About Richard Moore

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Richard A. Moore was born in Ohio in 1924. His father was a Professor of Pathology at Western Reserve, Cornell, and then Washington University. Therefore, he grew up in Cleveland, New York City, and St. Louis. After high school in Clayton, Missouri in 1942, he attended Yale for a semester and then served in the Infantry in World War II from February 1943 to December 1945. He returned to Washington University for his AB in 1948, AM in 1950, and Ph.D. in 1953. He then served as an Instructor at the University of Nebraska and Yale.

Richard Moore came to Carnegie Mellon then the Carnegie Institute of Technology in September 1956 as an Assistant Professor of Mathematics and served the Department until his retirement as a Professor in January 1986. From September 1965 to December 1971, and from June 1975 to July 1985, he was the Associate Head of the Department. From December 1971 to June 1975, he was Head of the Department.

His role in the Department during this entire period was one of educational leader. He planned most of the undergraduate curriculum developments in the Department, and was also involved in curriculum campus wide. His continuing debates with Hugh Young of the Physics Department in their effort to unite disciplines were a thing of legend, a unique effort to stimulate the understanding of undergraduates.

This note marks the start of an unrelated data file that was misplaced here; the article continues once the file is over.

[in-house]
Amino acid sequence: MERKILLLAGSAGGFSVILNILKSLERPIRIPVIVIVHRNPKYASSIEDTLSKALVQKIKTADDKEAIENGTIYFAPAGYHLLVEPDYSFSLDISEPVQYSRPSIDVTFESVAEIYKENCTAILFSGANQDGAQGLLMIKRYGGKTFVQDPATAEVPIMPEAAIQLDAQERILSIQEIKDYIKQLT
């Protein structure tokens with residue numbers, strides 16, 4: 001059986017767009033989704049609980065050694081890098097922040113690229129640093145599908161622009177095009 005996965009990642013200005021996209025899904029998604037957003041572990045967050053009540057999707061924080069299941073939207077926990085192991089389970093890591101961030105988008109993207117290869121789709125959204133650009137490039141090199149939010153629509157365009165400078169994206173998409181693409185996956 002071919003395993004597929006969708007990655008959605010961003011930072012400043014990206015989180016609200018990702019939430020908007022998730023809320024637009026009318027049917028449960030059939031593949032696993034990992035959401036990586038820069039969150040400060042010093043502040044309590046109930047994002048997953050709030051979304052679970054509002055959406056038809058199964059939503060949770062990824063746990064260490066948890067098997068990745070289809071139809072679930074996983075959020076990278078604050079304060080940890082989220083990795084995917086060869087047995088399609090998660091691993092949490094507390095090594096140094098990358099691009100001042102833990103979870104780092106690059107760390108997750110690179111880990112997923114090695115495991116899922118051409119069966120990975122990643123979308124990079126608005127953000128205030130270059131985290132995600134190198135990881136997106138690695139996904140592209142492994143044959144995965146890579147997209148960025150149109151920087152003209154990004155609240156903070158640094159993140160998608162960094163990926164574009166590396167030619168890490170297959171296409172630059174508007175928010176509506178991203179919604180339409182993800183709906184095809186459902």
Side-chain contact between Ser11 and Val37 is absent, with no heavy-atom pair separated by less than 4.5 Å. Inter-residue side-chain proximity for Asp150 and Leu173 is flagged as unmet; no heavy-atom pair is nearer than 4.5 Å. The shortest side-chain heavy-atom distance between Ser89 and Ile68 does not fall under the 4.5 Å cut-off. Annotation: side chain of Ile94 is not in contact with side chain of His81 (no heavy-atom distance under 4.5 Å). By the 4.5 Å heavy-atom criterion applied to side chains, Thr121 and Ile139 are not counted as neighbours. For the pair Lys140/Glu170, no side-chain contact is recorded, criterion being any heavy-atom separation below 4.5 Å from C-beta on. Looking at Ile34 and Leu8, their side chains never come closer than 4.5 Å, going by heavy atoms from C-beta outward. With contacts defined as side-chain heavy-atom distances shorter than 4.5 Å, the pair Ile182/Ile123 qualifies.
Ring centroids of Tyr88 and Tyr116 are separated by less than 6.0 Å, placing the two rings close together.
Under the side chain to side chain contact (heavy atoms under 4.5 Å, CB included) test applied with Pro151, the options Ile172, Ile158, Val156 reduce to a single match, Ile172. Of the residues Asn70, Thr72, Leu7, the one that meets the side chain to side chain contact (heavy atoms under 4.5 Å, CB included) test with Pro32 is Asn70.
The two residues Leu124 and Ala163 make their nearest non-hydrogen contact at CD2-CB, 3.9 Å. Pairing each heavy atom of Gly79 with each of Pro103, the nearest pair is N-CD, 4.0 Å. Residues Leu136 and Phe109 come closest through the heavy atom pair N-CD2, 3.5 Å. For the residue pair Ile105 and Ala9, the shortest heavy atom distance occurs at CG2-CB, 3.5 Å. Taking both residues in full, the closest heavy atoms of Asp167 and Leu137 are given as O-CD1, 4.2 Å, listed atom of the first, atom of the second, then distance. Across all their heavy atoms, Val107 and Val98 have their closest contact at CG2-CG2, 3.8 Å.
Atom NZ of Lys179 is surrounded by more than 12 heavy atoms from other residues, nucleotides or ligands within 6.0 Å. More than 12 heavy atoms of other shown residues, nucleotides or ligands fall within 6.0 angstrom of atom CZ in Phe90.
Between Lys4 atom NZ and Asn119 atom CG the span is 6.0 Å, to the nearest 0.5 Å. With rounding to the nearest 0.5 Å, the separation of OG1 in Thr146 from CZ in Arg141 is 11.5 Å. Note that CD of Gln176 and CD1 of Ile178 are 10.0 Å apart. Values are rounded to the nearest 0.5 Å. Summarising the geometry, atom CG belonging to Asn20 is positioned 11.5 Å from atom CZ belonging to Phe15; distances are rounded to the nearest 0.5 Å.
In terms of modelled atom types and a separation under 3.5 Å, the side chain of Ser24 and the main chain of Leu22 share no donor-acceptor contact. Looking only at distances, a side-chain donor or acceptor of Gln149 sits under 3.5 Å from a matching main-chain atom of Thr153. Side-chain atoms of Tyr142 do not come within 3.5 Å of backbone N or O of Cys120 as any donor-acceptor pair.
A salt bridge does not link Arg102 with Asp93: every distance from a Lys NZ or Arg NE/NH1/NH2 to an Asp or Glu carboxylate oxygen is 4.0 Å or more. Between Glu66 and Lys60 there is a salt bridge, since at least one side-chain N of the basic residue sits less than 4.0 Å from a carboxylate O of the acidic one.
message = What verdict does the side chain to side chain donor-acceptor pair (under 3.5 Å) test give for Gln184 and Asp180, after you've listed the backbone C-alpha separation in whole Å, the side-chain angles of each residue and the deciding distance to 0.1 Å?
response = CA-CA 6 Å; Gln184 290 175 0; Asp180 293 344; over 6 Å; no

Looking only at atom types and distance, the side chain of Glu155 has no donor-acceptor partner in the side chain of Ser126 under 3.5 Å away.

In 1970, he received the Ryan Teaching Award. His letter of nomination characterized him as a "student's professor", to describe the extra commitment that he gave to his students.

At the graduate level, he played a key role in the development of the Doctor of Arts in Mathematics, a program designed to prepare teachers for the collegiate level.

As an administrator, he effectively and efficiently handled the often thankless details necessary to keeping the Department running. The responsibility for scheduling classes, assigning instructors, advising students, supervising teaching assistants, and generally coordinating with departments across the University was his, and was faithfully discharged.

But this recap of his activities within the Department does not begin to capture his commitment to education. He was a champion of the gifted student at all levels, and initiated a summer program, Programming and Problem Solving, to help meet their needs, as well as organizing scholarship competitions. He also directed the AP/EA program from 1972 until his retirement.

He has shared his expertise in mathematics education well beyond Carnegie Mellon, serving as a consultant to school districts and area colleges. He has been the main representative of Carnegie Mellon to such groups as the Mathematical Association of America, the National Council of Teachers of Mathematics, the Pennsylvania Council of Teachers of Mathematics, and the Mathematics Council of Western Pennsylvania.